What is Tranexamic Acid in Tranex for?
Tranex is an antifibrinolytic agent, used for reduction or prevention of excessive menstrual bleeding. It is also used for prevention of bleeding due to other causes such as peptic ulcer, bypass surgery, prostatic surgery, and overdose of fibrinolytics. It is useful in hemophilia patients after surgical procedures. It blocks the breakdown of blood clots.
How does Tranexamic Acid in Tranex work?
Tranexamic acid works to stop and treat bleeding.
Common side effects of Tranexamic Acid:
Common side effects are headache, back pain, muscle pain, nose stuffiness.
What do I do if I miss a dose?
Take a missed dose as soon as you think about it. If it is close to the time for your next dose, skip the missed dose and go back to your normal time. Do not take 2 doses at the same time or extra doses.
What precautions should I take when taking Tranex?
Alert your doctor if you ever had blood clotting problems, for example in your leg or lung. Also alert your doctor if you have heart or kidney disease, or if you ever had a stroke. – Alert your doctor if you are pregnant or breastfeeding.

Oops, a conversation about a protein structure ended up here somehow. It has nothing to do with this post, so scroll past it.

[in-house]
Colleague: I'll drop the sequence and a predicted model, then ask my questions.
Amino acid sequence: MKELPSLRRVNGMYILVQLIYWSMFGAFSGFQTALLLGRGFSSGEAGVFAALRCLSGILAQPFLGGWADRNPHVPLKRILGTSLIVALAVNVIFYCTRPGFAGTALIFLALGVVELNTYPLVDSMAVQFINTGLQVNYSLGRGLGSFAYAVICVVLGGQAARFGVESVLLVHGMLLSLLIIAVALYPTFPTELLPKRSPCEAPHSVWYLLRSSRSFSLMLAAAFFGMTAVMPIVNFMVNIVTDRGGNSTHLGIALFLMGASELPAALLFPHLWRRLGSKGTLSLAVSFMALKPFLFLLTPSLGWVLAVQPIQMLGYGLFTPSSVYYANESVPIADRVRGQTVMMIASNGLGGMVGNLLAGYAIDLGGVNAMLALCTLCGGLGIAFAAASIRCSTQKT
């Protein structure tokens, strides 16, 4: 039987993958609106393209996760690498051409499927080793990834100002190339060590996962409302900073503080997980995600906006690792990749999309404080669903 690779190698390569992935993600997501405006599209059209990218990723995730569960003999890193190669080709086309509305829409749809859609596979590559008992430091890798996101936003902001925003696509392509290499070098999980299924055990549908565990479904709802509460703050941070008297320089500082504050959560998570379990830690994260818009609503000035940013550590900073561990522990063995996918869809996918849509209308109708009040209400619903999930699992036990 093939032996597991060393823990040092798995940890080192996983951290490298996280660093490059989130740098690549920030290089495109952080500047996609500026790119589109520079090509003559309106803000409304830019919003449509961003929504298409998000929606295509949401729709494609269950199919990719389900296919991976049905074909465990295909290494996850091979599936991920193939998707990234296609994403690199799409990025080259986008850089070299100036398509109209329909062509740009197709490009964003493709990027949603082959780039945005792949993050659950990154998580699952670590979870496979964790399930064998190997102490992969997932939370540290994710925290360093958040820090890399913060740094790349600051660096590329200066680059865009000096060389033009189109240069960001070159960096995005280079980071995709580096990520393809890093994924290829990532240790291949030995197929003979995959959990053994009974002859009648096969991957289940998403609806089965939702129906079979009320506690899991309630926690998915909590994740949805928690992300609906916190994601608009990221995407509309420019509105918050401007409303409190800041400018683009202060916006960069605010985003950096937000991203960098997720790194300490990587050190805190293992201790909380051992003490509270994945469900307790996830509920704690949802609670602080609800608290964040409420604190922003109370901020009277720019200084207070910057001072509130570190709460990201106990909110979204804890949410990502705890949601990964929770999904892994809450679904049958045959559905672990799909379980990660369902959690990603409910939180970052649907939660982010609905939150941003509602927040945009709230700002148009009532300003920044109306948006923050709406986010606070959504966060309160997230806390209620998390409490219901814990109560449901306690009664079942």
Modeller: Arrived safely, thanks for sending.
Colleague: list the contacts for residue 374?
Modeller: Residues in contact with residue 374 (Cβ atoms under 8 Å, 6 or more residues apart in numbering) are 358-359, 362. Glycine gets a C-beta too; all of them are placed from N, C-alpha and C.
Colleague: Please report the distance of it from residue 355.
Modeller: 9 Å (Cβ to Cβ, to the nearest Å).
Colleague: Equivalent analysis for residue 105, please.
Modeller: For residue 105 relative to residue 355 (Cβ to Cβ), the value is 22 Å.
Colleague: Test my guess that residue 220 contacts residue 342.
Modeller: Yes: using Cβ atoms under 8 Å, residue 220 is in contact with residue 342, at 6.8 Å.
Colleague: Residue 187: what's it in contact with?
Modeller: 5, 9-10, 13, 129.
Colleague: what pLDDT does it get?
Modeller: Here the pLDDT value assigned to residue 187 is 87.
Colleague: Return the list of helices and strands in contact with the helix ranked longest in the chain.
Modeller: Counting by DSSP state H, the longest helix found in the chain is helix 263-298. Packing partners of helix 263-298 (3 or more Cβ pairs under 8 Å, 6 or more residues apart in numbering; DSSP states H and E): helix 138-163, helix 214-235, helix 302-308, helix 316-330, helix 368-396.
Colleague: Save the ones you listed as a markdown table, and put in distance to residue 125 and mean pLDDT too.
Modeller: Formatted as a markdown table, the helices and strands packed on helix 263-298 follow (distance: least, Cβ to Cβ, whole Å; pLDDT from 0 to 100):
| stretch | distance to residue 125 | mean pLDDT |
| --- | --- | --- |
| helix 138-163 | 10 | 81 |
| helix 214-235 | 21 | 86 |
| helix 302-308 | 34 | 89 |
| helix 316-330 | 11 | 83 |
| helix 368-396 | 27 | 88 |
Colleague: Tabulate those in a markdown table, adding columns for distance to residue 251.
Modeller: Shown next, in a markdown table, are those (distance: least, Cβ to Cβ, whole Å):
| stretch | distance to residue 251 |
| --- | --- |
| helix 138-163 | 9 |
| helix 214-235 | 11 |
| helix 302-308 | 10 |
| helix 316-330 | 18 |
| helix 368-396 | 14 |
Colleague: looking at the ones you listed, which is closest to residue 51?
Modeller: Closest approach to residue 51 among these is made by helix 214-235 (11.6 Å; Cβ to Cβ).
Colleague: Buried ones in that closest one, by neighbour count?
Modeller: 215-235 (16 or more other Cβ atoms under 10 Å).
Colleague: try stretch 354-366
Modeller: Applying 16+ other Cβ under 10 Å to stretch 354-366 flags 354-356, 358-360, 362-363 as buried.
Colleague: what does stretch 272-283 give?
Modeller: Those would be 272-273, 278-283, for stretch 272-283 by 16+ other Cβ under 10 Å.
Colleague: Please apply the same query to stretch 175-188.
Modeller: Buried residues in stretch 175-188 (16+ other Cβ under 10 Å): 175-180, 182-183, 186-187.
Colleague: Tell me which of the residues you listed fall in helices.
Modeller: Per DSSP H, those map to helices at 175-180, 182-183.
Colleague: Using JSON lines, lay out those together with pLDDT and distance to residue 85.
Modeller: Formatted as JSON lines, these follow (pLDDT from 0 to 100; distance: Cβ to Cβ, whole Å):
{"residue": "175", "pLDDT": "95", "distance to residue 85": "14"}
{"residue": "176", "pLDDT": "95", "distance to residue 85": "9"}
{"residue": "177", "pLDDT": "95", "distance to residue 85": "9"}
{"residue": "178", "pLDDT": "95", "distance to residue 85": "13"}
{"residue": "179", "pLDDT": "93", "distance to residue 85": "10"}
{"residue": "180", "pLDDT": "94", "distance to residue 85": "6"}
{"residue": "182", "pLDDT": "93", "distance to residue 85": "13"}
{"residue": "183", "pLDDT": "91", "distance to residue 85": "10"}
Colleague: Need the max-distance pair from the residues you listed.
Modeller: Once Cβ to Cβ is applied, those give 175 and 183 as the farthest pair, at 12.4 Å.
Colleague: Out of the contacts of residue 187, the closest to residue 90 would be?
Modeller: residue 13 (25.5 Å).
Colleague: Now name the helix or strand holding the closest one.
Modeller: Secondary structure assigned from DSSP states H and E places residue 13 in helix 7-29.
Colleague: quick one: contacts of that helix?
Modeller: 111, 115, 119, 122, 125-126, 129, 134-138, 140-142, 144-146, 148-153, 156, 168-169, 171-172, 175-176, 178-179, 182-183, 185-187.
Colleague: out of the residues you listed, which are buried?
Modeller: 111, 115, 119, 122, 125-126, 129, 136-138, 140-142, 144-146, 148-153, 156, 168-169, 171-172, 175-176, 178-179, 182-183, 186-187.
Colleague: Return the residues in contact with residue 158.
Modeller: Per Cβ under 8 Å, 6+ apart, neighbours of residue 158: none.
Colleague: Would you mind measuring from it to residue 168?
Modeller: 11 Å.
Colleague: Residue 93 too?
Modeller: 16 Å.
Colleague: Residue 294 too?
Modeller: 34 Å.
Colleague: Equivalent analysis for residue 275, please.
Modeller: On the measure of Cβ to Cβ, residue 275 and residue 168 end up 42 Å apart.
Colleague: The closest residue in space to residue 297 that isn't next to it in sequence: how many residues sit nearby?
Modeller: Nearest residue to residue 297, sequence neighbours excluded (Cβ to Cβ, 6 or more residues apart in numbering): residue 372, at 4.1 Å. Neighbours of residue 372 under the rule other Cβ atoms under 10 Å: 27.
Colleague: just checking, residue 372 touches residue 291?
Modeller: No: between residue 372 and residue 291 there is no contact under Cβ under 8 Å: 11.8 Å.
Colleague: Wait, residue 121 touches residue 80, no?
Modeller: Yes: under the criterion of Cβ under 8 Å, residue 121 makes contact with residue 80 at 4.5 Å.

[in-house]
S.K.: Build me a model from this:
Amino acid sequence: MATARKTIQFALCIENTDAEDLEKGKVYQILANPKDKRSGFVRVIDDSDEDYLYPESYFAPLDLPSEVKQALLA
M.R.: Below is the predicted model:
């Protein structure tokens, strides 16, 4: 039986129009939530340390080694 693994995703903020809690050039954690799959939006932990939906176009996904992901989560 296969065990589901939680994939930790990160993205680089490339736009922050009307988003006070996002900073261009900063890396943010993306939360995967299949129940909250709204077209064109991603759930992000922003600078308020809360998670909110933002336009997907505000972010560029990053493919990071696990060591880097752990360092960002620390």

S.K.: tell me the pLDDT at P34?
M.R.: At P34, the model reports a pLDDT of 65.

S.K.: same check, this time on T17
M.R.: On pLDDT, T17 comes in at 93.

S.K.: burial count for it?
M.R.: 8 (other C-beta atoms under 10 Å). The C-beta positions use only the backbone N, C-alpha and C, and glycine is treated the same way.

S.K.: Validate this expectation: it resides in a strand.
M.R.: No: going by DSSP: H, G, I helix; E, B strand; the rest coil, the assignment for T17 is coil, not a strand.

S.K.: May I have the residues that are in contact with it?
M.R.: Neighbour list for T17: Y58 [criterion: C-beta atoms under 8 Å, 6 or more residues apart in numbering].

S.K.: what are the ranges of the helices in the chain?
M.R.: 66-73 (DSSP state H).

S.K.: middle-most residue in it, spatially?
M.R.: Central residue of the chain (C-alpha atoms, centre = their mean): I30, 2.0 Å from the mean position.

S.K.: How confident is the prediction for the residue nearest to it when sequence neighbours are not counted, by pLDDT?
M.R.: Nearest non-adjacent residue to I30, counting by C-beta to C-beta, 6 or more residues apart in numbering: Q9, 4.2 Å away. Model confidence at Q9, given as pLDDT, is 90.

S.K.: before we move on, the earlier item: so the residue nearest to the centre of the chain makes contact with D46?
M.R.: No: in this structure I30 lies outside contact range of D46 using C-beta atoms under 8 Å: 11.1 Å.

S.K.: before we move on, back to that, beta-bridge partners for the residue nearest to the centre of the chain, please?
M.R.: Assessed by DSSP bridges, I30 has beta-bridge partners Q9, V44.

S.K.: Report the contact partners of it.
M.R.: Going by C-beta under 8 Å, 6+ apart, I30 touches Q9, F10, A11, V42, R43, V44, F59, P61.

When do I need to seek medical help?
If you think there was an overdose, call your local poison control center or ER right away. Signs of a very bad reaction to the drug, these include wheezing; chest tightness; fever; itching; bad cough; blue or gray skin color; seizures; or swelling of face, lips, tongue, or throat.
Can I take Tranexamic Acid with other medicines?
Alert your doctor quickly if you are taking any medication that affects blood clotting and if you are taking any of the following medicines: chlorpromazine, birth control pills or hormone replacement therapy (HRT) that contains estrogen. – Inform your doctor and pharmacist if you are taking any other medicines, including herbal tonics, supplements and medicines that you buy without a prescription.
Are there any food restrictions
Category B: Animal reproduction studies have failed to demonstrate a risk to the fetus and there are no adequate and well-controlled studies in pregnant women OR Animal studies have shown an adverse effect, but adequate and well-controlled studies in pregnant women have failed to demonstrate a risk to the fetus in any trimester.